LINQ to SQL is an object-relational mapper (ORM) tool that generates business objects that match your database structure. I wrote a separate article on this subject, which is available on this web site. There you can get more information about LINQ and the LINQ to SQL designer tool itself. When using LINQ to bind in a WPF interface, LINQ object already define the
INotifyPropertyChanged interface, which means change notification is possible for any values edited from another process.
Let's take a look at this in action. I've developed a simple screen that performs edits on the AdventureWorks database. I've developed some change notification capabilities to show when there are changes made to the underlying data context. The form below shows a list of products on the left sidebar. Selecting an item populates a partial form on the right, where some of the information is updated. Also on the far right is another listbox of reviews given for a particular product.
Let's start by selecting a product. In the form, I've included three buttons that alter values on the backend of the underlying business object.
Figure 1: A Test Form Being Updated
Clicking the first three buttons yield the result described above, which is pretty straightforward. Notice the size is not updated on the form. The form had these settings:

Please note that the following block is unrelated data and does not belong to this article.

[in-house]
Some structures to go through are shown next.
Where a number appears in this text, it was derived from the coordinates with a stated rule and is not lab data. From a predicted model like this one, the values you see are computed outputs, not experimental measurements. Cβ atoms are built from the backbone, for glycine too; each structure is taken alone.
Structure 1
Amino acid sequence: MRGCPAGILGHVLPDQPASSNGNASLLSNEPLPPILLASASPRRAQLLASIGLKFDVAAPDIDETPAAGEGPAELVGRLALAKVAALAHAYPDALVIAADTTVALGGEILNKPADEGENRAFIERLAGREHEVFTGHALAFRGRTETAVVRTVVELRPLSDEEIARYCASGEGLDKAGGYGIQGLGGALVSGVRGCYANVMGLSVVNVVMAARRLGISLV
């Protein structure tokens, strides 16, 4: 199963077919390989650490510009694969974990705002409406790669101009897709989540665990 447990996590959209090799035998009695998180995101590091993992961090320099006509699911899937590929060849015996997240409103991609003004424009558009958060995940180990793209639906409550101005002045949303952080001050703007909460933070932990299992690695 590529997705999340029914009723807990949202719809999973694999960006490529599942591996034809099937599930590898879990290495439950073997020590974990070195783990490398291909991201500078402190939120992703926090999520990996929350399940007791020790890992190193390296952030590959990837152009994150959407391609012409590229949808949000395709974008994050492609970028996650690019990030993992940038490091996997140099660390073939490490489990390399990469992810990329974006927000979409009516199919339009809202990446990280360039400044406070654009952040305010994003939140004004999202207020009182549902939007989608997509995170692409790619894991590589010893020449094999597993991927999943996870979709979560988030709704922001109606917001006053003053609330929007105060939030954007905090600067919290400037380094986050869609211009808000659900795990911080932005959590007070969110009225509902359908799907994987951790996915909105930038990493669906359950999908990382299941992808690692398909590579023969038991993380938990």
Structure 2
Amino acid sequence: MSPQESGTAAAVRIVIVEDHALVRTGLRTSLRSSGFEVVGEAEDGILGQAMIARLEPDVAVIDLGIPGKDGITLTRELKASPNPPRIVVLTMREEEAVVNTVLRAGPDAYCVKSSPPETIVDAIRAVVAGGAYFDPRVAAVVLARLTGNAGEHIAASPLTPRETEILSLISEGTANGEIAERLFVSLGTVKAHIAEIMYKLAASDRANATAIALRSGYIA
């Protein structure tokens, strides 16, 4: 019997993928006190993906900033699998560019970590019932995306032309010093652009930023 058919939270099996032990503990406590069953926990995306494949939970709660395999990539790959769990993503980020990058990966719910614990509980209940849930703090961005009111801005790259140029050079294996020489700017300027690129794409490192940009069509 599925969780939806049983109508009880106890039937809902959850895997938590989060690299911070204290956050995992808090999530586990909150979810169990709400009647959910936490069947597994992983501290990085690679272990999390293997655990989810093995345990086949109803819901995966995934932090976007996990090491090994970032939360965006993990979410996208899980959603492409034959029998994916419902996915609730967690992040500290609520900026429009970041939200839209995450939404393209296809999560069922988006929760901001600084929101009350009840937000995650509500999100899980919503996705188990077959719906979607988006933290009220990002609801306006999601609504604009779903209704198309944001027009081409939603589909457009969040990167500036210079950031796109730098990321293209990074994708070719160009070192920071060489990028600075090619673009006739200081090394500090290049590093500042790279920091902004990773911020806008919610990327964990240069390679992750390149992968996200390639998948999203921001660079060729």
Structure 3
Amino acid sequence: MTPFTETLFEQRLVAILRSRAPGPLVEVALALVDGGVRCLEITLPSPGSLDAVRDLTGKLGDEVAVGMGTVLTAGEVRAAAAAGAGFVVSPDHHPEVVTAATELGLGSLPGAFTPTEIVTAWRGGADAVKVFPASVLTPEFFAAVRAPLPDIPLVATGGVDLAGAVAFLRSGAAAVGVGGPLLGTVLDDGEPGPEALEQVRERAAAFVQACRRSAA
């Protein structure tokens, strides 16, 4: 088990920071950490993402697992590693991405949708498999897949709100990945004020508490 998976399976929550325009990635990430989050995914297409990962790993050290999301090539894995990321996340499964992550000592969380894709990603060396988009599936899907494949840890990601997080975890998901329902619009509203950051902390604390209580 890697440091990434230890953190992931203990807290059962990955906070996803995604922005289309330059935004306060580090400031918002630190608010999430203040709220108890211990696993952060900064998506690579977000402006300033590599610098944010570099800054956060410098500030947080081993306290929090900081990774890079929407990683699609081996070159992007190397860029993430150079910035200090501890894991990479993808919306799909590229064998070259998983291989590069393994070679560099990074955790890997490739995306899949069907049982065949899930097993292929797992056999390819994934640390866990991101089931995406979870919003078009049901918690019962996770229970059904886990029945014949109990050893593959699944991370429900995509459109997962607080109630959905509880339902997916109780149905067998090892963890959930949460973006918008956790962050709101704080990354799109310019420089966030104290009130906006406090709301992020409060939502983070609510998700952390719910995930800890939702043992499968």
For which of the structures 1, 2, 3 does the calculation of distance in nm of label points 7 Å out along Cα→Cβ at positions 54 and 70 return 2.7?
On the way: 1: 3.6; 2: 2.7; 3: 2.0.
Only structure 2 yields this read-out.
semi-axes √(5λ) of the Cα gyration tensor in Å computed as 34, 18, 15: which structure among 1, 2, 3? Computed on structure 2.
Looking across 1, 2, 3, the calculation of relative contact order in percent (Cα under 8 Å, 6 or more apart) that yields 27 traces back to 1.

Listing 1: Form Binding Setup
Note that the code I used to perform one of the updates is below. I didn't want to update the bound object automatically, but went to the effort to retrieve the object through the data context, and change that object's properties (I needed the bound product's ID value though).
Listing 2: Value Altering Code
Notice that size is not updated on the interface, but when clicking the "View Backend Product Object Details", the following result shown below contains the updated size of 10:
Figure 2: Underlying Business Object Values
In retracing the steps a little bit: as I went through this test, as the first button fired updated the product object, the backend business object reflected this change. This change is verified by a count value shown below, that is written to the status label (through the click of another button). The following result shows that the change notification is immediately seen:
Figure 3: Change Notification Details
As I mentioned before, the form consists of two listboxes, one for products and one for reviews. The markup for the product listbox appears as:
Listing 3: Products ListBox
In the markup above, the products listbox has a data template that has a rounded border around a grid, which contains several object properties. It also defines styles to use whenever mousing over or out of the selected item, and what to show when the item is selected. To add a visual effect, I added an animation to change the color of the border when the mouse hovers over the item in the products list.